Farmers in Kent have been praised for their work in trying to reintroduce an extinct species of bees into the countryside.
Short-haired bumblebees once thrived across the south of England until they vanished in 1988.
But now, around 100 of the bees have been brought over from Sweden to be reintroduced into our countryside in an effort to seed a new colony.
On Monday (28 May), around 50 queen bumblebees were released at the RSPB’s Dungeness reserve in Kent.
Local farmers have also been involved in the project, which has been funded by Natural England, the RSPB, Hymettus and the Bumblebee Conservation Trust.
Under agri-environment schemes, they have created “corridors” of habitat for bees to forage, linking farmland and nature reserves.
Larry Cooke, an arable and sheep farmer in Romney Marsh, said: ”We need bees and other insects for food production, so it’s vital that we look after them and provide habitats where they can thrive.
“With the support of Environmental Stewardship, we’ve been growing vetches and red clover in two or three flowering phases a year, which supports bees and other insects by providing them with a long season helps them work with us alongside main agricultural production.
“This has not only benefited the insects but other wildlife like brown hare and farmland birds. I know we are giving this new bee population the best possible start here and I look forward to seeing them on the farm.”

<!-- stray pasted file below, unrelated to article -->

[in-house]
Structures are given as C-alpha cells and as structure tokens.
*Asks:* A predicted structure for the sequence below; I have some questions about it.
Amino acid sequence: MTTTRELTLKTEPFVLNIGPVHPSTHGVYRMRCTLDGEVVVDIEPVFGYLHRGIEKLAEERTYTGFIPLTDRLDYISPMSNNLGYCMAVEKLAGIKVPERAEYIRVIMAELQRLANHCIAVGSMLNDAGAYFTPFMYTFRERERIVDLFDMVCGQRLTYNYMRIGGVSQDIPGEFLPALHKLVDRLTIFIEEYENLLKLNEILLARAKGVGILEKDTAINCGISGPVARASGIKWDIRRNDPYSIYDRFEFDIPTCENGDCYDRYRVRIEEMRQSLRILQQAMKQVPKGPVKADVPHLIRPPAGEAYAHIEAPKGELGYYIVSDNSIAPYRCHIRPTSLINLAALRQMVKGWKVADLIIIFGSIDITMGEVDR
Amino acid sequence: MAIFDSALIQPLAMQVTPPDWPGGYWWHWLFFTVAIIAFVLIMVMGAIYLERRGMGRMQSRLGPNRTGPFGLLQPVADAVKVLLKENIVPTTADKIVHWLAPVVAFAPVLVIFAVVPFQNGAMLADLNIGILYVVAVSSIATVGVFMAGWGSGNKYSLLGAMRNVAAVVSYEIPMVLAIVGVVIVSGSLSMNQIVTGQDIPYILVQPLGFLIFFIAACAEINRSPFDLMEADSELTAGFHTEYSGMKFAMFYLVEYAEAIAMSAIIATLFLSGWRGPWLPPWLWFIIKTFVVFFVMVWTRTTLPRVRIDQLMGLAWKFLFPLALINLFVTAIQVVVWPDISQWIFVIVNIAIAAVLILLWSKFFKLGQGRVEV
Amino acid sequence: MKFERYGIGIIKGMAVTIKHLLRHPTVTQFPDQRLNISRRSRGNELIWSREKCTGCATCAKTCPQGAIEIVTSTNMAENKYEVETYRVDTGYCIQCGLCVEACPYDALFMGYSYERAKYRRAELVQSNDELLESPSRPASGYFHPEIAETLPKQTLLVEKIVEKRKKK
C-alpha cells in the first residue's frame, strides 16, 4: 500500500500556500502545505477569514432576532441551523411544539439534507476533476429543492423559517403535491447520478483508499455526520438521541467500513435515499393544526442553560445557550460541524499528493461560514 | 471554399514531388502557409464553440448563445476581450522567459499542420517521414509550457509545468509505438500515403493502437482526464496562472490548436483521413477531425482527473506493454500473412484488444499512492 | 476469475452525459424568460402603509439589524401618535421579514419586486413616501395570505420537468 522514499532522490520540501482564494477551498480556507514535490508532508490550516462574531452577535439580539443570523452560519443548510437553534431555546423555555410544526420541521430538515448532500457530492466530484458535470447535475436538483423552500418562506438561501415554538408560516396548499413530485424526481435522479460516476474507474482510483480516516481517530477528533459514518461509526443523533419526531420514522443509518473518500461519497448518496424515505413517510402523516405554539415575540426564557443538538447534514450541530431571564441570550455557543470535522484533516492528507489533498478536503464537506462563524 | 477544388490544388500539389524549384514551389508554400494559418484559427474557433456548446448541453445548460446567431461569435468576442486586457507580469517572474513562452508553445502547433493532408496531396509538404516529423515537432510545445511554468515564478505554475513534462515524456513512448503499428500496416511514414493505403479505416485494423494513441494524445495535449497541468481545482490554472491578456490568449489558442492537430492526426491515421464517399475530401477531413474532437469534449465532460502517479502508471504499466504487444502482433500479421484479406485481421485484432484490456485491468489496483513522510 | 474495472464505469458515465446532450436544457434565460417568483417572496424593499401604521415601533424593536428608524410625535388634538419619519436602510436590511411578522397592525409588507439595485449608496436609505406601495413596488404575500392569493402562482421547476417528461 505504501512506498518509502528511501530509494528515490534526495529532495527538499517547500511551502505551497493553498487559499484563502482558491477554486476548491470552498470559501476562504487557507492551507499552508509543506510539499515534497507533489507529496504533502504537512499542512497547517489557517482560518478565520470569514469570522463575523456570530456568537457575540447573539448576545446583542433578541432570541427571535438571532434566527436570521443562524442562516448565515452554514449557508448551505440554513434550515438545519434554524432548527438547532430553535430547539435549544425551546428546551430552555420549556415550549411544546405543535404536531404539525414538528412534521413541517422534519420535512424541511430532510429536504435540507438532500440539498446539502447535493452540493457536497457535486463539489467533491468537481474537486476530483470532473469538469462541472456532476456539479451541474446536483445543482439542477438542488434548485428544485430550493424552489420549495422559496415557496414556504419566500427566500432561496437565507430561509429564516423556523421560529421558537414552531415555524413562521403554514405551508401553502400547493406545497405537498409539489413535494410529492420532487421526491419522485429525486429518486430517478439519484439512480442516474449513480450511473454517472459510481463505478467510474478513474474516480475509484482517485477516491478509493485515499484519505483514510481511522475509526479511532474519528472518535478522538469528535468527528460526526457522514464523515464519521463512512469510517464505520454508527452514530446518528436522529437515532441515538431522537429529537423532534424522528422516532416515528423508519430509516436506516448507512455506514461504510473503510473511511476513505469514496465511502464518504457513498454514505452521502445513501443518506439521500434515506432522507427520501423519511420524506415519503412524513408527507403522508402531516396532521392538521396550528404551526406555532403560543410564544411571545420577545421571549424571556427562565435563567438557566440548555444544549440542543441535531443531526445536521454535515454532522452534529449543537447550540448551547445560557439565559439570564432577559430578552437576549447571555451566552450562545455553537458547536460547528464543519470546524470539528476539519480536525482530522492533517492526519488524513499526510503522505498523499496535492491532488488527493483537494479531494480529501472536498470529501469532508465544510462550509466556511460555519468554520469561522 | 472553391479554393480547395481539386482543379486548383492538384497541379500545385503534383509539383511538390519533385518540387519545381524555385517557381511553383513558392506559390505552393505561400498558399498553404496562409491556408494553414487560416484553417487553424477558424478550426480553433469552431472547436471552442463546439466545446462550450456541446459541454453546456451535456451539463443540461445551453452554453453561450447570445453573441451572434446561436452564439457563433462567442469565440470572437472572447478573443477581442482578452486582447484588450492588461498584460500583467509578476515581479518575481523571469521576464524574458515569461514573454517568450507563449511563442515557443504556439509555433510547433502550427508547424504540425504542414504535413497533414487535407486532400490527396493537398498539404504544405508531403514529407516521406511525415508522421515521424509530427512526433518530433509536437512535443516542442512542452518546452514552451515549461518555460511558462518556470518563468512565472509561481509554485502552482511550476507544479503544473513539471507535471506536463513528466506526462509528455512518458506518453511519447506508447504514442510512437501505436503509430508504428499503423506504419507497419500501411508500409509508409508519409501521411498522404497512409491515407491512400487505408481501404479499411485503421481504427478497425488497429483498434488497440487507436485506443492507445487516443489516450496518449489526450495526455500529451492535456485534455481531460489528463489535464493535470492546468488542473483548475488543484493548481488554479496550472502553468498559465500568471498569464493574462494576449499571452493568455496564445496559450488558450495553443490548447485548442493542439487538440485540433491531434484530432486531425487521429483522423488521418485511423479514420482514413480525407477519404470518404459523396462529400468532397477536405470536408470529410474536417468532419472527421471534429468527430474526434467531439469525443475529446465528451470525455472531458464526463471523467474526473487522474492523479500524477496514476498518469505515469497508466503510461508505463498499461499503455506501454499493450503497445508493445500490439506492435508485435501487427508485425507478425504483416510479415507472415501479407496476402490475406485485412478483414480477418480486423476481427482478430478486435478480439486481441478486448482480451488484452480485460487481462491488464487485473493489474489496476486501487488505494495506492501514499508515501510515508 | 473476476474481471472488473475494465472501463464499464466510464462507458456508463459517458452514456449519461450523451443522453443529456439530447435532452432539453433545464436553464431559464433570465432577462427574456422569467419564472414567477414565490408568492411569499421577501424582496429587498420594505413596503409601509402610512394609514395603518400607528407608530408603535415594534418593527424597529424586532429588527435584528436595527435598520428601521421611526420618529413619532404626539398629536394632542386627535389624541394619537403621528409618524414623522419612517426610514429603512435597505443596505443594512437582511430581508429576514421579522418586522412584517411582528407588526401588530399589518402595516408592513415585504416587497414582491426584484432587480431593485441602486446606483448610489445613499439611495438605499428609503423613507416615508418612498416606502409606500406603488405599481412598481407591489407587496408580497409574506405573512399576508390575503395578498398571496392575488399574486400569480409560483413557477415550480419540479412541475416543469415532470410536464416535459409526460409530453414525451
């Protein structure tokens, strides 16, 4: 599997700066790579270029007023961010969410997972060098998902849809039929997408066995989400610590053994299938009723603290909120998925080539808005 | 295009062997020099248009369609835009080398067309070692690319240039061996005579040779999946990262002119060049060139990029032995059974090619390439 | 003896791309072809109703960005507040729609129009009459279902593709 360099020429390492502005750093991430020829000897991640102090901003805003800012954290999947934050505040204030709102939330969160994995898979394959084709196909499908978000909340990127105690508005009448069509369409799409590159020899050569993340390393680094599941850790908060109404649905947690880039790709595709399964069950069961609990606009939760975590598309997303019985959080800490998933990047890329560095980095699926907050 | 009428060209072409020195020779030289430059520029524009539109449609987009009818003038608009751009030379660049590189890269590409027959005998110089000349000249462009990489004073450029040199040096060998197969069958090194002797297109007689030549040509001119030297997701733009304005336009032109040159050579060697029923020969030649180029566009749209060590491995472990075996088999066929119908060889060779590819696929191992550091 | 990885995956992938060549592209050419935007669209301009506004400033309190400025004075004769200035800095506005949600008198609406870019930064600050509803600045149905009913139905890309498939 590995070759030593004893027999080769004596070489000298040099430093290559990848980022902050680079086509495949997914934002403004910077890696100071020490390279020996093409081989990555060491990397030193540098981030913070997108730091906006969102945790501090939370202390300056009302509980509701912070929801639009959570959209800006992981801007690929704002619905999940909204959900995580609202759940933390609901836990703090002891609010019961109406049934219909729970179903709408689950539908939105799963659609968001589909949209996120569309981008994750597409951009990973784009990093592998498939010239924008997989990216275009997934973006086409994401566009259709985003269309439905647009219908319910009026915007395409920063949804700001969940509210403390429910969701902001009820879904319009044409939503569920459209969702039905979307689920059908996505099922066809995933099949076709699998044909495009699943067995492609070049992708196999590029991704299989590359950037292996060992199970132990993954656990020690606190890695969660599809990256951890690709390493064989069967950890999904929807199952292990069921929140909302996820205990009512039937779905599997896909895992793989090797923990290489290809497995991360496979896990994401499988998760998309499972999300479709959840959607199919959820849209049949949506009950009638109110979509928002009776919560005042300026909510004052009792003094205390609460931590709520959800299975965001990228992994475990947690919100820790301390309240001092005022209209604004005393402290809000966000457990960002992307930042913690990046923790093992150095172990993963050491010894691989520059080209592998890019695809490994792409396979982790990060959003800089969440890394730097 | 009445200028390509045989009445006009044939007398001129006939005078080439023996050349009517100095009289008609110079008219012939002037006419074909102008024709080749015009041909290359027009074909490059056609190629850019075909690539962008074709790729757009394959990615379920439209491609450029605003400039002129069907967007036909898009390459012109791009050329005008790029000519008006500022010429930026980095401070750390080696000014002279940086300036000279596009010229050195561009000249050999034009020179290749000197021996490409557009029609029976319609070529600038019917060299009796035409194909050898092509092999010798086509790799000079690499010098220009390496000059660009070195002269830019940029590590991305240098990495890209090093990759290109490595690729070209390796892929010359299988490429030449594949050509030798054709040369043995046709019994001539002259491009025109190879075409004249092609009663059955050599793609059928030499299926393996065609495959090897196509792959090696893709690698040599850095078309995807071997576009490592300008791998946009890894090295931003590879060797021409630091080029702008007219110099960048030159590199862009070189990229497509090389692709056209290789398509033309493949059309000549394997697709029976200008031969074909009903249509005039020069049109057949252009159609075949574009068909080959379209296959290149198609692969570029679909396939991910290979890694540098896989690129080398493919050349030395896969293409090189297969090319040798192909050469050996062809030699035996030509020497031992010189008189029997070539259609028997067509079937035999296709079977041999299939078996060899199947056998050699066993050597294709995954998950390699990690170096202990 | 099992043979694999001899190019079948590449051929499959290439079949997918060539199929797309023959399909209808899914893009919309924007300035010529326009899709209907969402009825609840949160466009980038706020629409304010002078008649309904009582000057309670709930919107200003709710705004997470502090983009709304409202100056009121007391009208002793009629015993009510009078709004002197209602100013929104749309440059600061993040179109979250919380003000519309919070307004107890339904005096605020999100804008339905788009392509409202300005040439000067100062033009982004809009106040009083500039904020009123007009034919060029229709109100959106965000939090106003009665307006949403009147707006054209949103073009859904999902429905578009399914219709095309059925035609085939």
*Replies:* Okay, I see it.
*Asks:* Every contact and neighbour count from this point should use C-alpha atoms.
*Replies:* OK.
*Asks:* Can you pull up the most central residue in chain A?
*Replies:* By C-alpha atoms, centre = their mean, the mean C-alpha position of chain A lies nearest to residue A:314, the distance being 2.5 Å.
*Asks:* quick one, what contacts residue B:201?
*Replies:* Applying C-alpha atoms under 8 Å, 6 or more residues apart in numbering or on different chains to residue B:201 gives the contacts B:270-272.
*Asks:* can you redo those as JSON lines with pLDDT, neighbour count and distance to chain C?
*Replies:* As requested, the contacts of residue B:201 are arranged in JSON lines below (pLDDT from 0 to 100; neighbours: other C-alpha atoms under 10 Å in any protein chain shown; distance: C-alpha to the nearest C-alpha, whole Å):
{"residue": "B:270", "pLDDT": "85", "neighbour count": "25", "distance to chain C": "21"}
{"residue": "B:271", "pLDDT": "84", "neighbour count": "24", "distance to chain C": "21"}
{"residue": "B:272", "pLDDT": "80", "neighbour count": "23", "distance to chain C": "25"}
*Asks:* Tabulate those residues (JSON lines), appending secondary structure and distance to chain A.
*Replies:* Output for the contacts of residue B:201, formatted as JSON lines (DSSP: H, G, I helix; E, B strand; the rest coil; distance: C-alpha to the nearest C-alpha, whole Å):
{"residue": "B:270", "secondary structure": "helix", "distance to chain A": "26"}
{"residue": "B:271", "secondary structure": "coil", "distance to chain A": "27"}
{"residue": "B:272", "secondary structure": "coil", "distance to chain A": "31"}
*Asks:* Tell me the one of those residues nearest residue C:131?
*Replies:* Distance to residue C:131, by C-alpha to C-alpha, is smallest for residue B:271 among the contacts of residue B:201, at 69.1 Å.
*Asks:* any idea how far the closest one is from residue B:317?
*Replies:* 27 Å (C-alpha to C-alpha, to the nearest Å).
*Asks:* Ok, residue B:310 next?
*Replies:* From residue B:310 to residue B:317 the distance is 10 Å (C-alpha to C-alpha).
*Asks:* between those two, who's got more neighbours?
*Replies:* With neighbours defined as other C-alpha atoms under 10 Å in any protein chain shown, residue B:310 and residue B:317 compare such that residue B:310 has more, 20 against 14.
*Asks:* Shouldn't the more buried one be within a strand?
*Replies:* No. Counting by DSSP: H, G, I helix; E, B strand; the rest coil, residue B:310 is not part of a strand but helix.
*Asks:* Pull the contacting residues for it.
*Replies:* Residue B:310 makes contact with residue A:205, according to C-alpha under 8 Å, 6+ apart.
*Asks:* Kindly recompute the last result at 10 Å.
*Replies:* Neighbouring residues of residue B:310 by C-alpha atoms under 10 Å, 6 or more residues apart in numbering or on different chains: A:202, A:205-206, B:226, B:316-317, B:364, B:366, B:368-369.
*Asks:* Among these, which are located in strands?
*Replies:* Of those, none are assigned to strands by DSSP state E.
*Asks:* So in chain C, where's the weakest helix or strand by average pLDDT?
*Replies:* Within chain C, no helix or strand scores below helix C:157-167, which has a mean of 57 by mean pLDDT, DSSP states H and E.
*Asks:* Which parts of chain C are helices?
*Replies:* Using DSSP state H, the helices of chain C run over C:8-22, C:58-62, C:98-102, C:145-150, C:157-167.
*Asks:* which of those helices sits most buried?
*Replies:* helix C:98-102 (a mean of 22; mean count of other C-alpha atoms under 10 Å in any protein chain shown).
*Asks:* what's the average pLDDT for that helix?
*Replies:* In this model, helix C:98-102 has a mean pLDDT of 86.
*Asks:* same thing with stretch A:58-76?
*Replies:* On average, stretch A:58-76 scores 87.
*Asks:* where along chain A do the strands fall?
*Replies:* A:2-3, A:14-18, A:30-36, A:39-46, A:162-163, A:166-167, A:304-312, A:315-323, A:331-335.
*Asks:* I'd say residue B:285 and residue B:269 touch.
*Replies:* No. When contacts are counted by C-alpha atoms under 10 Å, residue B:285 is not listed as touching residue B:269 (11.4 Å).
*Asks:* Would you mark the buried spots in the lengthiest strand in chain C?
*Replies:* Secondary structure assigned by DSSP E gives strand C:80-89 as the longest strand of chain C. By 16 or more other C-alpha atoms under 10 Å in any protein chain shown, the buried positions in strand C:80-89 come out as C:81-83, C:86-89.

Poul Christensen, chair of Natural England, said: “The return of one of Britain’s lost species is a cause for celebration.
“This is a great example of the type of dedicated partnership between farmers, scientists and conservation organisations that can make a real difference for wildlife in this country.”
Bees play a crucial role for farming in pollinating our food crops and in maintaining biodiversity in the rural environment. A recent Friends of the Earth report estimated bees are worth £510m a year to the UK economy.
But conservationists and scientists are concerned about declining bees numbers in the UK due to a loss of habitat – Britain has lost 97% of flowering meadows in the last 60 years.
A report by leading bee experts at Reading University published last week – The Decline of England’s Bees – shows that pesticide use rose by 6.5% between 2005 and 2010.
Some critics have argued that an increase in intensive agriculture methods over the last 30 years, such as spraying crops with pesticides, mechanical ploughing and mechanisation, is to blame for the decline.
But the Crop Protection Association in the UK believes the issues behind the decline are more complex. Its chief executive Dominic Dyer said “most experts agree that the decline in bee populations is down to the Varroa mite and other parasitic diseases, combined with the problems associated with habitat loss, colony stress and climate change”.